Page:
header is screenshot from Vampyr
Jonathan Reid, Moral Immortal
Daniel Fries

The binary morality meter has fallen out of fashion. Big-budget role-playing games used to track and display stats for how Good or Evil the player was being, but more nebulous ideas of justice and of the player’s role in the world have cropped up. The Dishonored series, for example, looks at the player’s choices as contributing to or alleviating chaos in the rat-infested city of Dunwall, but is still careful to present those options to the player as obviously as possible. And even that is less popular today: most mainstream releases at the moment are more linear, or at least less tied to a sort of comprehensive morality mechanic. Gone are the special branches of the skill tree that only unlock if you make enough evil choices.

Dontnod’s Vampyr almost feels retro then, in its loading screen insistence that the player “take responsibility” and in protagonist Dr. Reid’s increasingly pallid complexion should she choose to consume one or more Londoners. Breaking from the ambivalent tradition of these sorts of games though, Vampyr seeks bravely to provide a third option somewhere between Total Saint and Big Jerk—represented in the hammiest way possible, with a giant “Y,” as styled in the title. These choices are separated from normal dialog options (which can be repeated more or less endlessly), but it’s difficult to tell what a decision one way or the other might mean. No character will ever make up their mind about something without the player’s input and presence, but it’s rarely clear what lines are linked to what outcome. Vampyr—despite its large city and community-centered story—feels like it might prefer being smaller and more focused on its protagonist (like say, Dontnod’s Life is Strange).

But sometimes the three-choice structure does work: at the end of each chapter, Dr. Reid is left alone with a “Pillar” of the local community, and—assuming the player has dutifully exhausted every possible line of dialog in the neighborhood—three choices are available. It’s not immediately obvious what the morally good option is, or which option will keep the neighborhood safe. If the cannibal priest Sean Hampton is killed, the Docks area falls into decay, but the same is true if he’s spared. The only way to keep the area ticking is to turn him into a vampire. The choices do tend to break down into Kill/Spare/Vampirize, but it ends up being difficult and engaging to balance what’s best for the neighborhood against what’s best for Dr. Reid’s XP bar.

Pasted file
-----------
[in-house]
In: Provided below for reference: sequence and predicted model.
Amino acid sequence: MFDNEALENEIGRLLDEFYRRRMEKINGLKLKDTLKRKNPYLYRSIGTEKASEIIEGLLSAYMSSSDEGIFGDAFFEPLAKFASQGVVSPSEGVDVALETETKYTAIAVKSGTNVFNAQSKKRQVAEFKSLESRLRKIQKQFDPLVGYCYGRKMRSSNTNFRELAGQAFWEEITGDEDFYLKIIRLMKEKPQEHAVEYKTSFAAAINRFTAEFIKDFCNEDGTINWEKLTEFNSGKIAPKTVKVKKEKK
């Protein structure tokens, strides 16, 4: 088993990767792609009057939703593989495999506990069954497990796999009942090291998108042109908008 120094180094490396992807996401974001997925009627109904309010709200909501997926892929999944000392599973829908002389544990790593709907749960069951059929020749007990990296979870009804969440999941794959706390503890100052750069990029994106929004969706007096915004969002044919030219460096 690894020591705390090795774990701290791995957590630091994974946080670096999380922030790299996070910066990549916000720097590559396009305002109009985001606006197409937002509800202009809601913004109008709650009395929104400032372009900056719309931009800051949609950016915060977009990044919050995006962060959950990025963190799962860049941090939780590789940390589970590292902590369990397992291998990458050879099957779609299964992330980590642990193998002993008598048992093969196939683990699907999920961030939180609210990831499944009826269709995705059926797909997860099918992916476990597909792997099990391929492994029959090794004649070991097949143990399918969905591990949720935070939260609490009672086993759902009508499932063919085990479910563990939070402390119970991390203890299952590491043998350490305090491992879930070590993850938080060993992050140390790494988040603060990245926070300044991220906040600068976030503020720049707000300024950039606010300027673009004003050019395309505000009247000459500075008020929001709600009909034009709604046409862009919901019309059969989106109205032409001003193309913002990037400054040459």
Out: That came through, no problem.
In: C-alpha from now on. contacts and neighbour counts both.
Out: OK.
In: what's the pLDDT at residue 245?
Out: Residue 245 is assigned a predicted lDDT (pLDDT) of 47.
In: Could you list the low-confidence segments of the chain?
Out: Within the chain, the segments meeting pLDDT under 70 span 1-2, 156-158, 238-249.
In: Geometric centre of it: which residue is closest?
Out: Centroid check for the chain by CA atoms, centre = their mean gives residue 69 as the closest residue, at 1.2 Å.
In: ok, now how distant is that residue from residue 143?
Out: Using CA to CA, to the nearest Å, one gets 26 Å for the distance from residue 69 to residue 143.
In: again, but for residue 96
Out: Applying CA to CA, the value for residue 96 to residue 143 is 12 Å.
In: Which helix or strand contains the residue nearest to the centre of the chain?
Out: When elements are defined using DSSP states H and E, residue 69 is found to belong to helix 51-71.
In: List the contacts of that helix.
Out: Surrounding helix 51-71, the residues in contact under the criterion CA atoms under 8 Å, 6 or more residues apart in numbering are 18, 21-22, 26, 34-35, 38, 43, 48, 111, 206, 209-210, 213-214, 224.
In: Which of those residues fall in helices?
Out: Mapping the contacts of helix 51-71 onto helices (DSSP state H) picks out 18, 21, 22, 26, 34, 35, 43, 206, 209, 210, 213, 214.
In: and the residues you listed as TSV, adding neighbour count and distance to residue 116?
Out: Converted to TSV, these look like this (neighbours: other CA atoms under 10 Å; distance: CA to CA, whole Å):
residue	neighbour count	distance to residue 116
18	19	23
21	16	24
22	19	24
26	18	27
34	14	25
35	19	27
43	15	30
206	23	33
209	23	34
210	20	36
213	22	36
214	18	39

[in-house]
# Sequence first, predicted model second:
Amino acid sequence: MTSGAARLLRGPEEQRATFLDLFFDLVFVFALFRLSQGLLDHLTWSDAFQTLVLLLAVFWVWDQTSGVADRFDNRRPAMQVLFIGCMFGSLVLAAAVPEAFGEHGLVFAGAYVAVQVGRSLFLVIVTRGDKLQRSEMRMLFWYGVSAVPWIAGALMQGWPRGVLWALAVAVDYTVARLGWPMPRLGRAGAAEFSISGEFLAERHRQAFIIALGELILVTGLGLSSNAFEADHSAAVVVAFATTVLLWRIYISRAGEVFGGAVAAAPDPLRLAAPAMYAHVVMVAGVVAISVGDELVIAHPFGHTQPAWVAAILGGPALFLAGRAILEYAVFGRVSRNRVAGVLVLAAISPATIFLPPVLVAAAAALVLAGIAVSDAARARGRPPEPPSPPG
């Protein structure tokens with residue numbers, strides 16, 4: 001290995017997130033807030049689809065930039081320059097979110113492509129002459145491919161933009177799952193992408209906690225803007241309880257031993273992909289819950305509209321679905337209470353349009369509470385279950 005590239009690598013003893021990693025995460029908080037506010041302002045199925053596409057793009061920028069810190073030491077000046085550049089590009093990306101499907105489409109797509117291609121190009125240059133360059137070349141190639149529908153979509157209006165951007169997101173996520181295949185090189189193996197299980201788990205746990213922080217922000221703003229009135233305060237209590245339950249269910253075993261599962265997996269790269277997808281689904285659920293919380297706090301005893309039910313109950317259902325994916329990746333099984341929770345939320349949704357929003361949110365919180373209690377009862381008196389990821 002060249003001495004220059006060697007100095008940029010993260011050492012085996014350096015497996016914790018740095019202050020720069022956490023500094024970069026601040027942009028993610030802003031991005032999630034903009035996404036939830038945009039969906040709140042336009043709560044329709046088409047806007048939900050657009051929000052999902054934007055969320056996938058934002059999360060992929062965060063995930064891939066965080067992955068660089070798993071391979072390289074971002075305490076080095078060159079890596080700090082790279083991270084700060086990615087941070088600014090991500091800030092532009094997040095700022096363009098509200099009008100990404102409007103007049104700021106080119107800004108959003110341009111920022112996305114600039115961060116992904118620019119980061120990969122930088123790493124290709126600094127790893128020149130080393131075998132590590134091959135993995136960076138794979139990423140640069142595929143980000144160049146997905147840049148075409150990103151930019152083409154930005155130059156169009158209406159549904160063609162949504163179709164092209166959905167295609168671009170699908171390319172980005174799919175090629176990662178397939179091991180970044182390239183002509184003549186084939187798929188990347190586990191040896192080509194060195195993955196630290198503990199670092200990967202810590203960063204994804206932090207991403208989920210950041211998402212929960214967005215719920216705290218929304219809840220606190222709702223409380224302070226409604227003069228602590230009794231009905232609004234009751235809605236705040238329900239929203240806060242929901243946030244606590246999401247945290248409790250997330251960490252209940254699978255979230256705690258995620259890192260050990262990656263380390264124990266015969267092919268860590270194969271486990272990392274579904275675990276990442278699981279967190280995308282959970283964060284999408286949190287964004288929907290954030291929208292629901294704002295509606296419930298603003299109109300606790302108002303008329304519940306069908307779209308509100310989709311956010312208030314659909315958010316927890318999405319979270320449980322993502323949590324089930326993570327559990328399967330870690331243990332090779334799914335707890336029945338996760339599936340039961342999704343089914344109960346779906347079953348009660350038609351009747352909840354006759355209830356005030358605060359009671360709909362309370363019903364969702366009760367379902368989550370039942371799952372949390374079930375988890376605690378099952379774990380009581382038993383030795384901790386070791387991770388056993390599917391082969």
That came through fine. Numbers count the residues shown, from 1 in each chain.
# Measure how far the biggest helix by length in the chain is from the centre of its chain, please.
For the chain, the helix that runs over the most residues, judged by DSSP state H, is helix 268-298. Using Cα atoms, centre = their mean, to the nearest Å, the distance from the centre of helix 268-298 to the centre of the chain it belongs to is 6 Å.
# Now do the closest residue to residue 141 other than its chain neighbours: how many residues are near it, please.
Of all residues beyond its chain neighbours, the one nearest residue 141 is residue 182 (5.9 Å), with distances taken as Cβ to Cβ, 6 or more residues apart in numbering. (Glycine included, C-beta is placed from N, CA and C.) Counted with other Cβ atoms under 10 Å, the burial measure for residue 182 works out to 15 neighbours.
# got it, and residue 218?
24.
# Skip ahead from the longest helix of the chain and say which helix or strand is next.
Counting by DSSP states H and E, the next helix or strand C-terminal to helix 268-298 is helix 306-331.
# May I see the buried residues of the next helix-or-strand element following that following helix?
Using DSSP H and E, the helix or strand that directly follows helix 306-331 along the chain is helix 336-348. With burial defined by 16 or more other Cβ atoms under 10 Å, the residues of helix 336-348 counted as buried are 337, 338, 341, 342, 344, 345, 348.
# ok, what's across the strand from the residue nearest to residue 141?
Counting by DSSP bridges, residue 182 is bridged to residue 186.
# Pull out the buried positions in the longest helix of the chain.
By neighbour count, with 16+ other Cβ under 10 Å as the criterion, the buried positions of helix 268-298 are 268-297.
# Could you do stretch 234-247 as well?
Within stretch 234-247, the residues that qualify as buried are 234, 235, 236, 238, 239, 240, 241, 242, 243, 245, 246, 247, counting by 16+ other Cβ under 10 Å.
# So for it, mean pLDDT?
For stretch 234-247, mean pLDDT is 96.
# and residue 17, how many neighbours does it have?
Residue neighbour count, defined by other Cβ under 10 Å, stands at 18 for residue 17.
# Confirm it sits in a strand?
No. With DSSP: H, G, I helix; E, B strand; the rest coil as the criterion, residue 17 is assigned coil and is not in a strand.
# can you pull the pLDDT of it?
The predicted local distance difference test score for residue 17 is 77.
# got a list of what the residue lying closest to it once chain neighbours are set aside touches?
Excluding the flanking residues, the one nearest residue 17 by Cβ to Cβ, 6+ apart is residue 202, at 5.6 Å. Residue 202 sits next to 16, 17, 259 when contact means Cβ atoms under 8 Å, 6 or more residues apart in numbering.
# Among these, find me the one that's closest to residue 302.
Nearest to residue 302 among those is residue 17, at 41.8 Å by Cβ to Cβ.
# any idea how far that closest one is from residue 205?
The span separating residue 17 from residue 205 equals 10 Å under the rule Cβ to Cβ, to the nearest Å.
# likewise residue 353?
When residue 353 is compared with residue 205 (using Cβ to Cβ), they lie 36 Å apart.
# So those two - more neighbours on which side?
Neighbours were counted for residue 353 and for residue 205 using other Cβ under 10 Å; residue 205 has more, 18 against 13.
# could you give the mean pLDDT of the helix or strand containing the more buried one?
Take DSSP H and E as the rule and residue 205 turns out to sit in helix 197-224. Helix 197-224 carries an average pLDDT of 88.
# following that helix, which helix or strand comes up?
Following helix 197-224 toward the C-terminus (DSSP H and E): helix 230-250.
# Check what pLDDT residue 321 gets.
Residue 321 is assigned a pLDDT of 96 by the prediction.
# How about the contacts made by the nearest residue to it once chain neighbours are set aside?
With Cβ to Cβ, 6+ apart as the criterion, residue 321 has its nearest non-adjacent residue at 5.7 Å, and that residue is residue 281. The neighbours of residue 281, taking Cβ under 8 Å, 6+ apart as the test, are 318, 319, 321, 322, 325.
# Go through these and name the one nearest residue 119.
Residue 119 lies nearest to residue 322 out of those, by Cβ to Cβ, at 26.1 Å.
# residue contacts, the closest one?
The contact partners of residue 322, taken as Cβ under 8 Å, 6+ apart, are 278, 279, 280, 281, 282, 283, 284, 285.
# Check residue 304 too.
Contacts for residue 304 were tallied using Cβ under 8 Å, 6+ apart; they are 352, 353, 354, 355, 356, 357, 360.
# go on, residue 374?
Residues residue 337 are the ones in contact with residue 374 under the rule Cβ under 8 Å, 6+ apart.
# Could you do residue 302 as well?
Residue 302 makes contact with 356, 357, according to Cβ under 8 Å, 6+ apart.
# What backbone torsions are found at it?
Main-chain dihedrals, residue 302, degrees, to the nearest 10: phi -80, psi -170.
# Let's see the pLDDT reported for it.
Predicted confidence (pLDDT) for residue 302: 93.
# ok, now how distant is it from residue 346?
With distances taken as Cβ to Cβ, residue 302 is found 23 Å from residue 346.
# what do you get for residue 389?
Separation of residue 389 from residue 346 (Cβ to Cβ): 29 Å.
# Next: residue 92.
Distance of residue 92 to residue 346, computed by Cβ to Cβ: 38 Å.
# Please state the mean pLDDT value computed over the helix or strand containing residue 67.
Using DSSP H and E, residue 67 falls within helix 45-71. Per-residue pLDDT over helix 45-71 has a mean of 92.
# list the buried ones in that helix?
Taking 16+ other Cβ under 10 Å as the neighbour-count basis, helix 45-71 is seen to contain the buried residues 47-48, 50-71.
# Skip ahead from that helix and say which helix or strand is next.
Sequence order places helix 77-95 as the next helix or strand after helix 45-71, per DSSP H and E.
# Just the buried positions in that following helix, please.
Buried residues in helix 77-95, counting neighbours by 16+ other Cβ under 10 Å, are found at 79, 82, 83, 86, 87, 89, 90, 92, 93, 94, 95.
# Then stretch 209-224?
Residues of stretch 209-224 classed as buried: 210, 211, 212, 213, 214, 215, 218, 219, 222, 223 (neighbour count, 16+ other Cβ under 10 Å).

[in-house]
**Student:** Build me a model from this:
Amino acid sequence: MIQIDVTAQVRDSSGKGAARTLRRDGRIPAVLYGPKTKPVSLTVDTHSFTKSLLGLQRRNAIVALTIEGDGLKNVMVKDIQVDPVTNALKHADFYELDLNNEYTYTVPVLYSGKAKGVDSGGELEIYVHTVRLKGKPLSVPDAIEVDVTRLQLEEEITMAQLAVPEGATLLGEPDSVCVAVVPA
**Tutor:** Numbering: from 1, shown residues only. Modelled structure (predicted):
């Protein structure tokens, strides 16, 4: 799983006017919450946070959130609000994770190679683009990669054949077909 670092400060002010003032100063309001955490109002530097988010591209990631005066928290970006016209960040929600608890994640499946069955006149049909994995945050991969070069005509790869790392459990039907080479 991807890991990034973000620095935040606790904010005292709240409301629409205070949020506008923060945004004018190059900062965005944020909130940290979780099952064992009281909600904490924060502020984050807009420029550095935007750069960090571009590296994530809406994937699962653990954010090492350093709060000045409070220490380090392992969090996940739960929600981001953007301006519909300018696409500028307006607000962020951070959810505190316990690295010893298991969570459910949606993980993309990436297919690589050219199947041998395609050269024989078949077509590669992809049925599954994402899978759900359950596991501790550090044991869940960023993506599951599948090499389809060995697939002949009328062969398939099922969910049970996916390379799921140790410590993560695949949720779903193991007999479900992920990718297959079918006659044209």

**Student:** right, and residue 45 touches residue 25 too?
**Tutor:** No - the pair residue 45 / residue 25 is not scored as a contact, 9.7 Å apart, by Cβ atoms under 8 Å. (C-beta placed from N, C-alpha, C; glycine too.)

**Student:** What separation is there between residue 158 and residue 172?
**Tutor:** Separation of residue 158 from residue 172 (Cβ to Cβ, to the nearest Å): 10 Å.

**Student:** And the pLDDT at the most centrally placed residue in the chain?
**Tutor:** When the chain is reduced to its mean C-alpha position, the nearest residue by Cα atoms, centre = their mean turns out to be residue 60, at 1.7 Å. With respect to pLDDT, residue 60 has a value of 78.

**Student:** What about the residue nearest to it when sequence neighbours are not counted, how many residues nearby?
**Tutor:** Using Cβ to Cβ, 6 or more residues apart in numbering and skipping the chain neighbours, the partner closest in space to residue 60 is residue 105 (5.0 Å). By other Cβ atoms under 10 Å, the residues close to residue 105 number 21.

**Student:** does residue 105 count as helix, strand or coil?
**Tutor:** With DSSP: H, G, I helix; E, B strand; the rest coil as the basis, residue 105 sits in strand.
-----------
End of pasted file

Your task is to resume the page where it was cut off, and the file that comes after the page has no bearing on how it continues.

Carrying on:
Morality systems are often criticized for their leniency. Players tend to choose to be good people, especially if it’s easy. In BioShock (among others), the kinder path makes the player-character stronger and the game easier: you’d have to be exceptionally malicious to choose to devour the Little Sisters, because even if they’re good for a quick burst of valuable resources, rescuing them ultimately gives you more ability points to spend. But in Vampyr, discipline in diet necessitates discipline in combat: the more indulgent path provides more experience and better abilities. Although if you do eat too many people and a district collapses, it fills up with stronger vampire mooks and vampire-hunter mooks.

As much as the Kill/Spare/Vampirize options do present a more dramatic moment of decision, the supposed complexity of Vampyr’s Good Doctor does not make itself known on a moment-to-moment basis. Where the player is left to equivocate and figure out which character would make the most efficient, safest, and highest-value meal, Reid readily snaps between dialog responses about how murder is wrong and lines about how humans are nothing more than vampire food. The reason for these broader lines seems to be that the few dozen citizens of London are more interesting as a general stand-in for Humankind than as individuals. There’s a huge amount of text overall, but each character is only so deep. Many of them are paired off, and going back and forth between the two provides a kind of micro-drama. If you eat one of them, often the other will disappear and come back as one of the game’s mindless vampire enemies. Many of the characters who do not have relationships feel even less fleshed out, which is especially uncomfortable when their defining character trait is their race or immigration status.